To borrow from the diamond purveyor’s slogan, “a coffee cup is forever.” For that matter, so is a plastic grocery bag, a water bottle and a disposable diaper. Maybe they don’t really last forever, but to a planet that is already overladen with trash, a non-biodegradable coffee cup might as well be plutonium.

   Since the cultural phenomenon of Starbucks and other coffee chains, without thinking, people drink from and then dispose of several cups a day, as well as plastic sip lids and stirrers. Maybe it’s time to bring back the days of waitresses in beehive hairdos pouring cheap coffee into a ceramic cup — your personal cup stashed behind the counter.

   Or, as Eva Mantell does, you can collect discarded coffee cups and make art out of them. As other artists and sculptors have done with plastic water bottles and grocery bags, her “shredded coffee cups” take a common object and give it a second life — and lighten the load that goes to the landfill.

   ”It’s a series I’ve been working on for about a year,” Ms. Mantell says. “Each sculpture starts as a coffee cup and I cut them or tear them. I don’t add anything but I don’t take anything away either. I’m just seeing what the form can do.”

   Ms. Mantell points out that you can’t recycle a coffee cup because it has an inner layer of plastic to keep the drink warm and protect the consumer’s hands. Most coffee lovers probably don’t even realize this.

   ”They’re really bad for the environment,” she says. “It’s a shame that we start out thinking something is a good idea because of convenience. But discarded coffee cups are all over the place now. I even wonder if they’ll be done away with at some time in the future. If so, in this way, I’m also memorializing something.”

   The Princeton resident is one of some 40 visual artists, all alumni of Princeton Day School, whose works are on view at the school’s recently re-opened Anne Reid Gallery, through Jan. 18. This is the fourth annual alumni exhibit, and includes photography, painting, sculpture and ceramics, as well as installation art.

   Ms. Mantell, who creates in a variety of media, stumbled on the concept of shredding coffee cups, but has become enamored with the form.

   ”In different media, including video, photography, sculpture and collage works, I use what is around me: magazines, television, used coffee cups, what comes in the mail,” she writes in her artist’s statement. “I meet the prefabricated, the preprocessed, and feel this material is fair game for my art game. The process in my most recent work involves drawing on or cutting through what already has plenty of back story.

   ”Tearing, cutting, fringing, curling, stripping, peeling, blurring, dissolving and burning — to start something new,” Ms. Mantell continues. “A friend sent me a (William Burroughs) quote recently: ‘If you cut into the present, the future leaks out.’ In general, making something that was once solid porous, retooling it, repatterning it, lets me take something apart and rebuild it simultaneously.”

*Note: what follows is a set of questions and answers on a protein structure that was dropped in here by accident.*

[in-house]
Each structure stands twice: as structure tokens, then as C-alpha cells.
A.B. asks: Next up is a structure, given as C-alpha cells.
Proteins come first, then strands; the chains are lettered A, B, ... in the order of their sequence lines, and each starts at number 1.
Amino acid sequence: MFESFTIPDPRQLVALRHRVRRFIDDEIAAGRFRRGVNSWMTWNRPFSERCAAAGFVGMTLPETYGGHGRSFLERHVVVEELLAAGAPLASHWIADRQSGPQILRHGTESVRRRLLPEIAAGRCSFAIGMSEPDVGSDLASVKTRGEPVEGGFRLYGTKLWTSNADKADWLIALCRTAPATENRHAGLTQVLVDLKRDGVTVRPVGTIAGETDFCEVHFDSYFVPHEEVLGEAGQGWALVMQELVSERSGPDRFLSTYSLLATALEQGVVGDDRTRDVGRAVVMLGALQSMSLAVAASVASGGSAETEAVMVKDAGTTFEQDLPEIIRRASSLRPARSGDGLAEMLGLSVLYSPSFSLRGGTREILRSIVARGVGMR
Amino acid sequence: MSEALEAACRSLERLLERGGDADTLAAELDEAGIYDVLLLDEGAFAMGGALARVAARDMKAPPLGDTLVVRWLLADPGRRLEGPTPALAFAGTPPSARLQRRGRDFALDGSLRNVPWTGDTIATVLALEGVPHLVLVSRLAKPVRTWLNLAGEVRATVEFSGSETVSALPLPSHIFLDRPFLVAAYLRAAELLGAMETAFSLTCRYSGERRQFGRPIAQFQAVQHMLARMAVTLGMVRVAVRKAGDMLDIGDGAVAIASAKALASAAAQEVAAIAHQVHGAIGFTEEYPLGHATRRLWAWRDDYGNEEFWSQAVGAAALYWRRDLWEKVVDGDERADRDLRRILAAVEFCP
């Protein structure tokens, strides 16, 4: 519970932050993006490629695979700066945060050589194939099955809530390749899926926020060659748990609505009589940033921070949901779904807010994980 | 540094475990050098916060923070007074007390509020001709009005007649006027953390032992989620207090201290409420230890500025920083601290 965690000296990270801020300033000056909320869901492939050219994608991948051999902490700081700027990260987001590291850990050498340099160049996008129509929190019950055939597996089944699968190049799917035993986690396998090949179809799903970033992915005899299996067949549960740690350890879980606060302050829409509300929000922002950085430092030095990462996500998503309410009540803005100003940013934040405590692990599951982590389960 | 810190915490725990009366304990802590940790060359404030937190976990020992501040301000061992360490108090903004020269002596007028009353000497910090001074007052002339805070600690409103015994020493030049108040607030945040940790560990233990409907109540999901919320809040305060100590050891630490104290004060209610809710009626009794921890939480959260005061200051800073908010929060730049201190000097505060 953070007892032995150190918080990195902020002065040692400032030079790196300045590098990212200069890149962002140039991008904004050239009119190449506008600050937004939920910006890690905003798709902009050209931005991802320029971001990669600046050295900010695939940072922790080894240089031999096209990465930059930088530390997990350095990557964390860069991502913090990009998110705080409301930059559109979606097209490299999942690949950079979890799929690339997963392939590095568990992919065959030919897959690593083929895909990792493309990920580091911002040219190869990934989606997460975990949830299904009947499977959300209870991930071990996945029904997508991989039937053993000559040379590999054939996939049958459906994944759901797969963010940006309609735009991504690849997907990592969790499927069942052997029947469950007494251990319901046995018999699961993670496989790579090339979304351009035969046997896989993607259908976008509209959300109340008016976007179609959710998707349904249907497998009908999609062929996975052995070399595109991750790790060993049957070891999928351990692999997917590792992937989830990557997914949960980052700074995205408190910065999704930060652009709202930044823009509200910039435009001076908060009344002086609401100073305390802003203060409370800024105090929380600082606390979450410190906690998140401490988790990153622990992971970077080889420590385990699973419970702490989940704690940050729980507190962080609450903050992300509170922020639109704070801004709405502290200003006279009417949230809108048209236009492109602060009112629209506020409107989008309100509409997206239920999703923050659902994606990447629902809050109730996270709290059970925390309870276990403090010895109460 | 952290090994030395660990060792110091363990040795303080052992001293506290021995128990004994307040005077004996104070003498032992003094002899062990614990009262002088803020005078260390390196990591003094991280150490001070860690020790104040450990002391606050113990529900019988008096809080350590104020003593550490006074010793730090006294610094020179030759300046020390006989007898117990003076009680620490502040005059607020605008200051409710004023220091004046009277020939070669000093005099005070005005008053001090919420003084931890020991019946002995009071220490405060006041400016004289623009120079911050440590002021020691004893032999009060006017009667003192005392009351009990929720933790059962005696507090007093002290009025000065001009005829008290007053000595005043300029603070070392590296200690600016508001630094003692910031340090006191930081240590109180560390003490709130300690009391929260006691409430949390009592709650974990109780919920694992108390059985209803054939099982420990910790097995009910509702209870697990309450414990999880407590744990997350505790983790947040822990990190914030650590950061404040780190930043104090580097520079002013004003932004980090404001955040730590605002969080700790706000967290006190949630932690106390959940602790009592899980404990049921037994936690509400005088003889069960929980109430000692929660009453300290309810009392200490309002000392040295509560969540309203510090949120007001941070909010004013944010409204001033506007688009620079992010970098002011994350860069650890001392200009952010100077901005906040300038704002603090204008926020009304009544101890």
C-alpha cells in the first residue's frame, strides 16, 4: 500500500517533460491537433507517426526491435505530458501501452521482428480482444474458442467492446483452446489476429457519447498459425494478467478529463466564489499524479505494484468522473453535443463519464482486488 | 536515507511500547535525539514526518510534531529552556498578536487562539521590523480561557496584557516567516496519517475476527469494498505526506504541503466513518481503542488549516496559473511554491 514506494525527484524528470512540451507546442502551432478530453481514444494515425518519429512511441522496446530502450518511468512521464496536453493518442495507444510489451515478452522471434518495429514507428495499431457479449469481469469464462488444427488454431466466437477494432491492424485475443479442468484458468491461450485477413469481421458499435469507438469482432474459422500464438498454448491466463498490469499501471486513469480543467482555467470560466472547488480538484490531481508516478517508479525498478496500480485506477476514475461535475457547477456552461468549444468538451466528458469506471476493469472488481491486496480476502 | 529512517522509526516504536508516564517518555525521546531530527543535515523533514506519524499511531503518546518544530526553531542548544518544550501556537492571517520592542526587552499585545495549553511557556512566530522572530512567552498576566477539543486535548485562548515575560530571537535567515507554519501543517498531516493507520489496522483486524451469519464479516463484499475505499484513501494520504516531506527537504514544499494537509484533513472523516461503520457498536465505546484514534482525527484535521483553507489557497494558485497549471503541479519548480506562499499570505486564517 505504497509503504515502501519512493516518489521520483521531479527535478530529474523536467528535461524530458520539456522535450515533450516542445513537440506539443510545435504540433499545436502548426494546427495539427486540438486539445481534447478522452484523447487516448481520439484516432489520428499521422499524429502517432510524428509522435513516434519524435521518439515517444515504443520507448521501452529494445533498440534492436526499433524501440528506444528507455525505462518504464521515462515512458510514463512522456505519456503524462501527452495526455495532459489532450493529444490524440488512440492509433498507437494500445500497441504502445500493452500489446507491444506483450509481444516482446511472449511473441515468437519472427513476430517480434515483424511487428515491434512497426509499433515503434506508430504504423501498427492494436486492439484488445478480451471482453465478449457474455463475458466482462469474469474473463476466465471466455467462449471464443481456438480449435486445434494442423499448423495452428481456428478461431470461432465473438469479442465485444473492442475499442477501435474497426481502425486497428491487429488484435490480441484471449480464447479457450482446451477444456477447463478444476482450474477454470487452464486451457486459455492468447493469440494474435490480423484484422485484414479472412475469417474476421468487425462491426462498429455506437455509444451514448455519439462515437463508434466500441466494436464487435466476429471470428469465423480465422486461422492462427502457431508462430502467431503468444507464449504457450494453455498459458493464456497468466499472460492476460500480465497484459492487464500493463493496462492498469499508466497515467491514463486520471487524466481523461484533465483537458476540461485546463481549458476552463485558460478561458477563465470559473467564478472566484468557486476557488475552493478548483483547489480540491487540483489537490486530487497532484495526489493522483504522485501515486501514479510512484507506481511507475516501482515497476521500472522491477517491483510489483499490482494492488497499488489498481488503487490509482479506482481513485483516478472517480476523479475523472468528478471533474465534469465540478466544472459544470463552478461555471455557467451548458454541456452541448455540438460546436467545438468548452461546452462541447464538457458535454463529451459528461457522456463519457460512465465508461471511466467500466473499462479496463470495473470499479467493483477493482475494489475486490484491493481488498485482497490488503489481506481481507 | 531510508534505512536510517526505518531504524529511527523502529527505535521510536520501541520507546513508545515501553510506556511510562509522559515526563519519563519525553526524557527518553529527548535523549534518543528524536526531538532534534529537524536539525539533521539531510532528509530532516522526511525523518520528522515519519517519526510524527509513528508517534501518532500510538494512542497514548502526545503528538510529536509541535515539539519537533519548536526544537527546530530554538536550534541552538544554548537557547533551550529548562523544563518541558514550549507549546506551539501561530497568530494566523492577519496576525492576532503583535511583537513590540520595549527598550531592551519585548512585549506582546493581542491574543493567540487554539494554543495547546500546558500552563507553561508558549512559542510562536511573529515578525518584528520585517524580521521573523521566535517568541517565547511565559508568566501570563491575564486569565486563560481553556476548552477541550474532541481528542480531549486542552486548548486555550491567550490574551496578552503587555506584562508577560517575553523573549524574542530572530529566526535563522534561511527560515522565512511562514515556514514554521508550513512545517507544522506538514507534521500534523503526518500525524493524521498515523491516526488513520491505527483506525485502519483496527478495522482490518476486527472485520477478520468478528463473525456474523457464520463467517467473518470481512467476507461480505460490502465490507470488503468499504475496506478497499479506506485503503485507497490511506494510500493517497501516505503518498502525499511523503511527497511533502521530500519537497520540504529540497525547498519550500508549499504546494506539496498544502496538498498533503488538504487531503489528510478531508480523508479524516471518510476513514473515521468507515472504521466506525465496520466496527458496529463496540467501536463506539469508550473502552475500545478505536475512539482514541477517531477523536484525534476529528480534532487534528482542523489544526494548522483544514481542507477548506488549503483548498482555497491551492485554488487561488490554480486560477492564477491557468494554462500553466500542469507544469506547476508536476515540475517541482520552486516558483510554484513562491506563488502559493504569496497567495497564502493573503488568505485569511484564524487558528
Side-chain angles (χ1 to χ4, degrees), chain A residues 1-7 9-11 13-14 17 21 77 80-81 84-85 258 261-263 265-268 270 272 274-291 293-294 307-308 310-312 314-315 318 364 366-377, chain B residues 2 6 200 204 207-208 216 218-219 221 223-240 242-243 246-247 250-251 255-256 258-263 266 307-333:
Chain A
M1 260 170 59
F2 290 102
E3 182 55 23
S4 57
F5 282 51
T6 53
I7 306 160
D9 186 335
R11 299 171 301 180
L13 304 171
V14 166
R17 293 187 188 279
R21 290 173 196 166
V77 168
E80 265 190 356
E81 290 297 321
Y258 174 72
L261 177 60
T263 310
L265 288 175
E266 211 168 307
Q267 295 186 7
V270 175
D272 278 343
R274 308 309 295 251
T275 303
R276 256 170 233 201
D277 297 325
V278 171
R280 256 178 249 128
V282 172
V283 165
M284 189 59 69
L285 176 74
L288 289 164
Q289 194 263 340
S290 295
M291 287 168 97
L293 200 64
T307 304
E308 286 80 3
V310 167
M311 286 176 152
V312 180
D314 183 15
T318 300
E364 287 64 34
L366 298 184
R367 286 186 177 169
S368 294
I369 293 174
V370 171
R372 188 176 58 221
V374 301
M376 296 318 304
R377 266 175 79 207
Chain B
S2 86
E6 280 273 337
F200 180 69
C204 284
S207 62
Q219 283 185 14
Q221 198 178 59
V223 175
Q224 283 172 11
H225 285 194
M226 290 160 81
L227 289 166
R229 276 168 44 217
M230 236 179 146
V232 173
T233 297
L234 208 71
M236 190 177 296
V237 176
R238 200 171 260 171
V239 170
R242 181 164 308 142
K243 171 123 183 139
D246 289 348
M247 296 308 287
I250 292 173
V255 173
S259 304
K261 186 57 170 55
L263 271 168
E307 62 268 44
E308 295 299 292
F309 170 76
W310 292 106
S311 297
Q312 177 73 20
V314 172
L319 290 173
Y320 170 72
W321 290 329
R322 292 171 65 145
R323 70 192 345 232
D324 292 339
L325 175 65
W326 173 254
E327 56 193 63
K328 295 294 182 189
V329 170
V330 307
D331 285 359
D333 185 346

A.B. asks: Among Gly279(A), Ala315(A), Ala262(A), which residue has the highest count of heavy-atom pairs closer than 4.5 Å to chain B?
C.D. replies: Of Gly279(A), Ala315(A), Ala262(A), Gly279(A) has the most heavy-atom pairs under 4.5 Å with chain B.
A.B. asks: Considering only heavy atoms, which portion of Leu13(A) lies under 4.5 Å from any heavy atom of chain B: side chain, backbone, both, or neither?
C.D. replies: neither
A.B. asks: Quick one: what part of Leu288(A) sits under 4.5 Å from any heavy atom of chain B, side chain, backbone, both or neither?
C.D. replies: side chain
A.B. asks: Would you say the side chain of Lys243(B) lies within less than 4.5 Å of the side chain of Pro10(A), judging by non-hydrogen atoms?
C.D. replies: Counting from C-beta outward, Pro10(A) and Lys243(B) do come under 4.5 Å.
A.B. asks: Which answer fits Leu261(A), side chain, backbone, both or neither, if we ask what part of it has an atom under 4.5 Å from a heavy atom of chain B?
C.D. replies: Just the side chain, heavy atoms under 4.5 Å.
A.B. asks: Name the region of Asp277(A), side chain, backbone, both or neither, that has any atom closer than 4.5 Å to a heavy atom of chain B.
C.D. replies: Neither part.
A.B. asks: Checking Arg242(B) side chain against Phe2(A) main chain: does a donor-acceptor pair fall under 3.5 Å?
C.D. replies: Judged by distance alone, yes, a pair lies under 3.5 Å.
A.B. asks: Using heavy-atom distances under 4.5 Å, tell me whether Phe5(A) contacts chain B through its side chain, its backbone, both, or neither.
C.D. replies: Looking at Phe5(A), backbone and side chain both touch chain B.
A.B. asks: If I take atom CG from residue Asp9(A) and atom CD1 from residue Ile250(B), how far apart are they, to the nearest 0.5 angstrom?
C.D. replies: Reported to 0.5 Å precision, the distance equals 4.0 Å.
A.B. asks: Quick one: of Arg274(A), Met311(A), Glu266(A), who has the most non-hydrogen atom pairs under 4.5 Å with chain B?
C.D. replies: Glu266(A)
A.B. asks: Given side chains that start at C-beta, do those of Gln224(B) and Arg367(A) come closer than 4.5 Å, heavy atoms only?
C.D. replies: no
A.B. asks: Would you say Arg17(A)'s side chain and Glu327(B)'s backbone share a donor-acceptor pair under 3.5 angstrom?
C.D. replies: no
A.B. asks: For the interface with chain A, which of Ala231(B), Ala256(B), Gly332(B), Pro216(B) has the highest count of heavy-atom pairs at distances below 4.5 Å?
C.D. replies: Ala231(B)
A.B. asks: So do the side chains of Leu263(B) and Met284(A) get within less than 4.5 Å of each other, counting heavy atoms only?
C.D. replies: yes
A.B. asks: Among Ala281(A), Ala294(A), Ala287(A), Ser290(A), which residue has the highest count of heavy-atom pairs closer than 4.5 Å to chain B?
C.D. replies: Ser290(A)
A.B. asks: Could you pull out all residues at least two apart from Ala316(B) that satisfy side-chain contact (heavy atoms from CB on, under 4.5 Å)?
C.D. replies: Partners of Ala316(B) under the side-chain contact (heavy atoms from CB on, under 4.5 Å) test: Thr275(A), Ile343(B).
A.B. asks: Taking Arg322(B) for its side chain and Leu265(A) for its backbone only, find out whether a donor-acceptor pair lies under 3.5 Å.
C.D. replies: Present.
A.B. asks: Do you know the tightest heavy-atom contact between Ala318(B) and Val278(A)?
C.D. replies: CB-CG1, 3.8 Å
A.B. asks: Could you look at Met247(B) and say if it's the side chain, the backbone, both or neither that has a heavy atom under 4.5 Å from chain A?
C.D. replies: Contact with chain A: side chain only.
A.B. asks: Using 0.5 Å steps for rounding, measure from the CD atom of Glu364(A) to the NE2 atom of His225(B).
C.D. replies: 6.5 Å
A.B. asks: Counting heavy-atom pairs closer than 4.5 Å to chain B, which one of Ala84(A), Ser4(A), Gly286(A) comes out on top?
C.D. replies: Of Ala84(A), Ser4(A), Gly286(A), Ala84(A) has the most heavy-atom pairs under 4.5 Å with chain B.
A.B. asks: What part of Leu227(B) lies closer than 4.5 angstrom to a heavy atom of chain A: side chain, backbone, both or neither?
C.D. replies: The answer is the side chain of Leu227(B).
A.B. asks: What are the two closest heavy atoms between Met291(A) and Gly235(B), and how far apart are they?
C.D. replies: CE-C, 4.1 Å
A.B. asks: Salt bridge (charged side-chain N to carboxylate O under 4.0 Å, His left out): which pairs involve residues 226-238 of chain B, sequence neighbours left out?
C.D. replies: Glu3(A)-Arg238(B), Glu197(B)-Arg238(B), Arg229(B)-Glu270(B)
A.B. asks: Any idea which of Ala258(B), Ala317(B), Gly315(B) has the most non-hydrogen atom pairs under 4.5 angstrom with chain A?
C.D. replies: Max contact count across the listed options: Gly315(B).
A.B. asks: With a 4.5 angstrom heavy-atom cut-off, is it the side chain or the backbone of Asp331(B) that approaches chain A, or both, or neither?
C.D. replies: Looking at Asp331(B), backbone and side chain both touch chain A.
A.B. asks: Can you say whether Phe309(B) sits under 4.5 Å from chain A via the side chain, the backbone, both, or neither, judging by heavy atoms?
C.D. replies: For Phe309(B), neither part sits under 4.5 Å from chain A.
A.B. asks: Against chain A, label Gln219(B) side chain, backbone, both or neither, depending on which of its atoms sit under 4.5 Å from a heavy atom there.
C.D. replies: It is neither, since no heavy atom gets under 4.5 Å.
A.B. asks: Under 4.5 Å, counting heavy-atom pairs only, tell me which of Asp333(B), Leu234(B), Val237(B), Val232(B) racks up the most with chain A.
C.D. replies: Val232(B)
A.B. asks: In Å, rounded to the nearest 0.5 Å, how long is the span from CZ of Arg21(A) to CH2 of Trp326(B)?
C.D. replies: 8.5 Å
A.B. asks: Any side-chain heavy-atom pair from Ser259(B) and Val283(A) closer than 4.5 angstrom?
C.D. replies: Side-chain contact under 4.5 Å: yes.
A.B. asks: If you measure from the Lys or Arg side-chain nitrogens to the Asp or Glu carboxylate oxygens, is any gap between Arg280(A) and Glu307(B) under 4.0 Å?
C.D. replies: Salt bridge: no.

She notes that there is something almost comical about her shredded coffee cups. The form of the cup has been revered in history — think of the Holy Grail, for example. In ancient times vessels were crafted in precious metals and from hand-blown glass as well.

   ”They were these sacred pieces in art history, so these are a little more profane,” Ms. Mantell says. “Making art from something so common is also a way to start a conversation about art with almost anyone. It’s very basic, like having a cup of coffee and enjoying that moment.”

   Using scissors or tearing the cup by hand, Ms. Mantell is able to coax some amazing shapes out of the thing. It’s also remarkable how colorful the cups are, from the special holiday edition bright red Starbucks cups to the standard lunch truck blue and white — usually with some homage to ancient Greece on them.

   ”It’s funny that when I became attuned to coffee cups, all of a sudden they were everywhere,” Ms. Mantell says. “There are some wonderful designs out there. They take a long time to make and each one is a bit of a challenge. I’m impressed by what a strong, resilient little form it is. It can take a lot of cutting and still keep this form. Sometimes I really have to rip the heck out of it.”

   Since having a cup of coffee is such a universal experience, Ms. Mantell has taken her shredded coffee cups and turned them into performance pieces. She sets up a stand on the street, displays her artwork but also serves viewers a free cup of coffee (in a non-shredded cup, of course).

   ”I tell people ‘Please just bring back the cup so I can turn it into art,’” she says. “It becomes this moment of conversation, connecting the art to this basic thing we do. When you’re an artist, you’re isolated. The rest of the world doesn’t sit around and think about art. So the questions are, how do you meet other people, how do you talk about your art? My thing became this strange little table in the real world, where you could meet over a cup of coffee and talk about art. I did this last spring at Communiversity and also in Brooklyn and it was really fun — a great way to connect.”

Eva Mantell’s shredded coffee cups are on view as part of the group show of alumni artists at the Anne Reid Gallery, Princeton Day School, 650 The Great Road, Princeton, through Jan. 18. (609) 624-6700; www.pds.org. Eva Mantell on the Web: www.evamantell.com

 

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